© 2020 by David Weiden. Proudly created with WIX.COM


Children’s book--


Spotted Tail.  Early reader on the life of the great Sicangu Lakota leader, forthcoming in 2019 from Benchmark Publishing.



Short Stories--


“Spork.”  Transmotion.  2016


“Sourtoe.”  Tribal College Journal.  2014 (winner of the Tribal College Journal fiction contest)


“Winter Counts.”  Yellow Medicine Review.  2014


“Saltines.”  Criminal Class Review.  2012


“Apollo.”  Foundling Review.  2010


Frequently Asked Questions

Are you from the Rosebud Reservation in South Dakota? 

No, I was raised in Denver, Colorado, in the Swansea/Elyria neighborhood, which has been noted as one of the most polluted and impoverished areas in the United States, and later in the suburb of Aurora.  Because my mother was raised on the Rosebud Reservation, I spent a great deal of time there growing up, and I own three pieces of land there now, although that land is held in trust by the federal government (as is most Native land).  I return there frequently to visit family and take part in Native spiritual ceremonies. 

What does your name mean? 

My legal name is David L. Weiden, and much of my scholarly work is published under this name.  Heska Wanbli is my Lakota spirit name, given to me at ceremony.  It means, roughly translated, “mountain eagle.”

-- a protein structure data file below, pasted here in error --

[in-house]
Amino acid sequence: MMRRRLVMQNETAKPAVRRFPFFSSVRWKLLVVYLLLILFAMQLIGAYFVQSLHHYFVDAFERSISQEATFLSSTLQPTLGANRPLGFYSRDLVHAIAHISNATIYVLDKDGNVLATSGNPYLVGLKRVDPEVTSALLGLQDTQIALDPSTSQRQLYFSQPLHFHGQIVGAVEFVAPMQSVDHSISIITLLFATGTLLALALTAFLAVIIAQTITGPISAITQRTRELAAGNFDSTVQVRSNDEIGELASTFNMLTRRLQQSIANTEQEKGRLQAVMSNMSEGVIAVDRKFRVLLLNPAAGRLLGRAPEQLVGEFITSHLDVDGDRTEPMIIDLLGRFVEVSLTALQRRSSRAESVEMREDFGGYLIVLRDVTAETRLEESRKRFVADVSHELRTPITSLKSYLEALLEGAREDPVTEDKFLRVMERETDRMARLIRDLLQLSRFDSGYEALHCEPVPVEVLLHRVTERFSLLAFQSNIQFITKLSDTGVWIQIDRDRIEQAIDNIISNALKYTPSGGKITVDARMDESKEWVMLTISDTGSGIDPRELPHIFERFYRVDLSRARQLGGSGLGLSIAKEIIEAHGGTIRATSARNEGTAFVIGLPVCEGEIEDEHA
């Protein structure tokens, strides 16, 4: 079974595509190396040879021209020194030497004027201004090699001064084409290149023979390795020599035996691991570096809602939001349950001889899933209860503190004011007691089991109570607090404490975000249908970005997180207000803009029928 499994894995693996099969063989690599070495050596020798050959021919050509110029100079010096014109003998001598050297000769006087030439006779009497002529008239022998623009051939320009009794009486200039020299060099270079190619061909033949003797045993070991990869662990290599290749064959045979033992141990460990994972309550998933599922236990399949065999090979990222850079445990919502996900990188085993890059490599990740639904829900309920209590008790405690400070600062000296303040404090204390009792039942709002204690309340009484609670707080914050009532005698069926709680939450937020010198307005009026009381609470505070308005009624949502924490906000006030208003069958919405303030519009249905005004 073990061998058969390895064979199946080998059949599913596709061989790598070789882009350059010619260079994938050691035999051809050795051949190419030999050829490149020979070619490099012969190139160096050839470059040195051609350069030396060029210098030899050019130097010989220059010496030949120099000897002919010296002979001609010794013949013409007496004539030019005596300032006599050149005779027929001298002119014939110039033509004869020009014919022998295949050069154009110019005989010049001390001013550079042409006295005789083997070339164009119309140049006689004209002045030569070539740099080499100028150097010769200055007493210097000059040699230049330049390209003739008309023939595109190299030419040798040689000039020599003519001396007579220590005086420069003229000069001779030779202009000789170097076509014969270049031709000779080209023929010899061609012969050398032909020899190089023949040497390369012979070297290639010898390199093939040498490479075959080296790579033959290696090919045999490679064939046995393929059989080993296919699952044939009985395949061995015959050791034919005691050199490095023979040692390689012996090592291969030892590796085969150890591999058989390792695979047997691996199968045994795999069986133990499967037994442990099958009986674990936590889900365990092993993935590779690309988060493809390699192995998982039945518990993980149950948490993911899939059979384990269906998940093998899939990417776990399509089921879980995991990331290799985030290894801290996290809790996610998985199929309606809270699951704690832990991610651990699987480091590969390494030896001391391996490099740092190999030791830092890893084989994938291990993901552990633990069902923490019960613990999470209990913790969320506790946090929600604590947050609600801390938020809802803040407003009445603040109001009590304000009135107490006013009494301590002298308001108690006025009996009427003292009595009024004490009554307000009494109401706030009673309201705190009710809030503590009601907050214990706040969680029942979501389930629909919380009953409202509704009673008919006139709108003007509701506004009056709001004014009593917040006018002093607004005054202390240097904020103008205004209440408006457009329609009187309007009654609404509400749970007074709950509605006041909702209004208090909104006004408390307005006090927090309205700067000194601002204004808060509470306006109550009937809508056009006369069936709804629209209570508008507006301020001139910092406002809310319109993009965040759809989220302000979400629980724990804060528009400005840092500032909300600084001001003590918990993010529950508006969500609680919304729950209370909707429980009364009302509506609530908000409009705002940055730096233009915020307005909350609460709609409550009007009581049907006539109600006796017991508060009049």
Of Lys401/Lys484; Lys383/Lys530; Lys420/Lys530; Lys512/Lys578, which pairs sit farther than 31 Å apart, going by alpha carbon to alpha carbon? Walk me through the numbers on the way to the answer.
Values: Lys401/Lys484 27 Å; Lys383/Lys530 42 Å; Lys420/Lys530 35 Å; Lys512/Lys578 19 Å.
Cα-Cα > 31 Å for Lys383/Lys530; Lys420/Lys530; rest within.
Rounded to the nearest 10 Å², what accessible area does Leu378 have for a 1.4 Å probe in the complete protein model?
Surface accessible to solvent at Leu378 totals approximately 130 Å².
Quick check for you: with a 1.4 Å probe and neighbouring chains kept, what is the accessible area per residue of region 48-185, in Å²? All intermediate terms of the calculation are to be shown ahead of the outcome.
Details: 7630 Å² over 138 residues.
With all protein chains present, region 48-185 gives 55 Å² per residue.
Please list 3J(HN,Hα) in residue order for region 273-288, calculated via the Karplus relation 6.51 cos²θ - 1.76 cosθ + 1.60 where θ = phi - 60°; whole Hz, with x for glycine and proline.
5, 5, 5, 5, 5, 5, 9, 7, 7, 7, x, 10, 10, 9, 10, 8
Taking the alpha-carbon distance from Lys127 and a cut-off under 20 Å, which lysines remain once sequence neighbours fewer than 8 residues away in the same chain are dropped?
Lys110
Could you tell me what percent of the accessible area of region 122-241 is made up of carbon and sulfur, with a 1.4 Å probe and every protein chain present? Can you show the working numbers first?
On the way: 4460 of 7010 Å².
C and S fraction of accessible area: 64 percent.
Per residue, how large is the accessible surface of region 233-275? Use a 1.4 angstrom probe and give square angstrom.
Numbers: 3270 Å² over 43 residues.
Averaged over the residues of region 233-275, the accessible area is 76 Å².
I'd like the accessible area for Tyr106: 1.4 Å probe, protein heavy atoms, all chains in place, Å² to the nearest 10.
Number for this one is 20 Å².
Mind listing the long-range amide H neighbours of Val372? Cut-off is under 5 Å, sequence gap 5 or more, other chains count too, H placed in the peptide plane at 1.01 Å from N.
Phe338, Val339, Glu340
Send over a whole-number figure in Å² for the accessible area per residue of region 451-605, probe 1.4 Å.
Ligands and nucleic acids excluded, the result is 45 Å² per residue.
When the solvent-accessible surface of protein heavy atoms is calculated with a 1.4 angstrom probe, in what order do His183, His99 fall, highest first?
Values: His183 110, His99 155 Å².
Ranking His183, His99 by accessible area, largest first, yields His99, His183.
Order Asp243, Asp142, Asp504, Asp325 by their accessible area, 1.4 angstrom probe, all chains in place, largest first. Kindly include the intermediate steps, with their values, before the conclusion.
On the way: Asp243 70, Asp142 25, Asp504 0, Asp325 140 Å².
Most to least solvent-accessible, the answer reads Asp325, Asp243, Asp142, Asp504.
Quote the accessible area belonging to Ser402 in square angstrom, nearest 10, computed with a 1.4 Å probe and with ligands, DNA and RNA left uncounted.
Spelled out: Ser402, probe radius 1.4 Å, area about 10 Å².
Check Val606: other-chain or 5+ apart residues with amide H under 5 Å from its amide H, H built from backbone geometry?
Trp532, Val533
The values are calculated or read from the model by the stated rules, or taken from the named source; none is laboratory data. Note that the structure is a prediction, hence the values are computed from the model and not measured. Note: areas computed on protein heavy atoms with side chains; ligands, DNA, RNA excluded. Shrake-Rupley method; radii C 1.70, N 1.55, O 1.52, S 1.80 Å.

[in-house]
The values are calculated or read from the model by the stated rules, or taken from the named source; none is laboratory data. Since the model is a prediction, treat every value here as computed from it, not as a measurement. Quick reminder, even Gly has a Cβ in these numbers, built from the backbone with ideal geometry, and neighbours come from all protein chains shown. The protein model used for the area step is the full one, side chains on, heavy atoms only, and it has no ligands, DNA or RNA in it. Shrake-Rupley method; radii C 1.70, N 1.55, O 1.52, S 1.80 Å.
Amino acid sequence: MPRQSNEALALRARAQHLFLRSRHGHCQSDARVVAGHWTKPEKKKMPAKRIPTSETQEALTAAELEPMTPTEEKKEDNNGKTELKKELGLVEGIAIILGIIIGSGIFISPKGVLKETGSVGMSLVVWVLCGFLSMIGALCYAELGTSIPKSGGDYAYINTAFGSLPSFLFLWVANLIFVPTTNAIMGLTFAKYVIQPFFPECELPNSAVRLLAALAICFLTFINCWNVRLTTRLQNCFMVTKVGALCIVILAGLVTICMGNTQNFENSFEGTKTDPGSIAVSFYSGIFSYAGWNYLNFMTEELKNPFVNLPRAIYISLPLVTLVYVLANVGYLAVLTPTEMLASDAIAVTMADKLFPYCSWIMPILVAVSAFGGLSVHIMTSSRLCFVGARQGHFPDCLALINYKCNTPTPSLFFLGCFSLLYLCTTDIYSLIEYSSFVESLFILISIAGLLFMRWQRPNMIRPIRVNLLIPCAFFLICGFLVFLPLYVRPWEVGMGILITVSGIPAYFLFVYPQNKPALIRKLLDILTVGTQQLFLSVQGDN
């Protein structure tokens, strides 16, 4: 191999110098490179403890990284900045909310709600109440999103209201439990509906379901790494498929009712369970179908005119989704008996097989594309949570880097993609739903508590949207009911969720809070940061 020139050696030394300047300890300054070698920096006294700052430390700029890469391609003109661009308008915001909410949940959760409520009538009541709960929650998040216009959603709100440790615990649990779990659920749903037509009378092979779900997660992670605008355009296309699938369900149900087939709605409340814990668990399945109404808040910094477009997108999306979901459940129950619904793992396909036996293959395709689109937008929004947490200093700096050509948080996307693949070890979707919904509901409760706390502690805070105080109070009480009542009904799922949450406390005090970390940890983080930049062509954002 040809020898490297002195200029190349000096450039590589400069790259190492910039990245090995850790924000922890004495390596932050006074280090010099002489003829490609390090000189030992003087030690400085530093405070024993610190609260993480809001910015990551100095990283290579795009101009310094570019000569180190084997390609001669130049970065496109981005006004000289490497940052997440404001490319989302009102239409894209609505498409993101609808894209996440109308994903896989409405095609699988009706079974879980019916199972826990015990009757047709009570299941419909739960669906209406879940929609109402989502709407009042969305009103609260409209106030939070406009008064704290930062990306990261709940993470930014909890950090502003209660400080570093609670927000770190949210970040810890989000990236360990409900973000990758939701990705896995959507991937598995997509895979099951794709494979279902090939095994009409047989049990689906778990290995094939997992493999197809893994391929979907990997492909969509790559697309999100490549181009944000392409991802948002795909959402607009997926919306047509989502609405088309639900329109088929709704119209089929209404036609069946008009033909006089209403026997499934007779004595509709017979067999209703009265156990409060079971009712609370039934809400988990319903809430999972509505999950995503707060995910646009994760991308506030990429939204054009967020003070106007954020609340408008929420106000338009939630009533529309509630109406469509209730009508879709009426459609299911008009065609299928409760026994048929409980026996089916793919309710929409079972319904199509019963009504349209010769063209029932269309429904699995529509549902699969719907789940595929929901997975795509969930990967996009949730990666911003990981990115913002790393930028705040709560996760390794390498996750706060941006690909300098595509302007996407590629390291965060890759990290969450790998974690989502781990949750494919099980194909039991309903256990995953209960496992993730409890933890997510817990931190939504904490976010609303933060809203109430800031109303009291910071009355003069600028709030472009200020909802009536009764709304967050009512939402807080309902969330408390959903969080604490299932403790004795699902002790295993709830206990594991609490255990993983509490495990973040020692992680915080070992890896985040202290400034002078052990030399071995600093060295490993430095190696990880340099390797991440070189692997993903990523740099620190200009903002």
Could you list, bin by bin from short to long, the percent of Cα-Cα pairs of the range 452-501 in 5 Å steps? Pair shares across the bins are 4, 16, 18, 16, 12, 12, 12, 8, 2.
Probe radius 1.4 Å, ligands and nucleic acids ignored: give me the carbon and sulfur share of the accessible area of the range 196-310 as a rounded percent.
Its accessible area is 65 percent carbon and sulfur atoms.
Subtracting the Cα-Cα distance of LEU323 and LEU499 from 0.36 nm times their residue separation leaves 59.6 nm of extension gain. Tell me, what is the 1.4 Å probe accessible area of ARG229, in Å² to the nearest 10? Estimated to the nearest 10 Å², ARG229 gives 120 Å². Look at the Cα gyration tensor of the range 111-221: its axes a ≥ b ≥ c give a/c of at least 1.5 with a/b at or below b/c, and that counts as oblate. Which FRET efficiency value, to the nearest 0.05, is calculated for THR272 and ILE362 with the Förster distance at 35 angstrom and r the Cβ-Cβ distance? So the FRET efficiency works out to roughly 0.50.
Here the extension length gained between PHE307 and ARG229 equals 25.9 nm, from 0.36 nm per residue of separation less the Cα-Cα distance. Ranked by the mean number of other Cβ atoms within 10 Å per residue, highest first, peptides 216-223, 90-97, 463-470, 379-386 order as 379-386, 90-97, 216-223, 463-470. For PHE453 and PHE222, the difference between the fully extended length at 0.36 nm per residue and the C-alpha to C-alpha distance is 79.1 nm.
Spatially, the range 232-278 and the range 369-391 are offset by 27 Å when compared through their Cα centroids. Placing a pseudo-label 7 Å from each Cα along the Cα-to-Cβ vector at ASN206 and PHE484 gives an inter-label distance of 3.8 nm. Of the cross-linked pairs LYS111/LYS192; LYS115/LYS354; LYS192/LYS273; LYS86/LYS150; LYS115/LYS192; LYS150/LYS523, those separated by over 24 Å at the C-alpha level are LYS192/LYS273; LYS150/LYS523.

How do you pronounce your name and nation?

Weiden is pronounced “Why-den.” 

Heska Wanbli is pronounced “HEH-ska Wahn-blee,” although in Lakota, the HEH is pronounced in a raspy way, somewhere between an English K and English H.

Sicangu Lakota is pronounced “See-CHON-goo La-COAT-a.”

Did you grow up in a wealthy or well-educated family?  

Hardly!  I’m the first one in my family to graduate from college, much less graduate school.  As for being wealthy, I grew up in one of the poorest communities in Denver in a house about 700 square feet in size.  However, both of my parents were voracious readers, and they instilled a deep love of literature in me, as well as an appreciation for learning.  I had to work full-time throughout high school, college and grad school, and I’ve had jobs as a dishwasher, busboy, waiter, roofer, construction worker, telephone salesperson, and magic store clerk, as well as lawyer and professor.  I admit that I did love being a waiter and bartender, and still think about picking up a few shifts over at the local dive bar. 


Are you involved in the Colorado Native American community? 

Yes.  As the director of the Native American Studies program at Metropolitan State University of Denver, I’ve taught and mentored many Native students.  I also served on the Board of Directors of the Denver Indian Family Resource Center for a number of years, providing legal and policy assistance for Native foster and adoptive children.  I also help Native youth in South Dakota by providing free books and school visits, and also participate in the One Spirit program to help needy families on the Pine Ridge reservation.  Finally, I'm delighted to serve as a mentor for emerging indigenous writers through the AWP Writer to Writer mentorship program.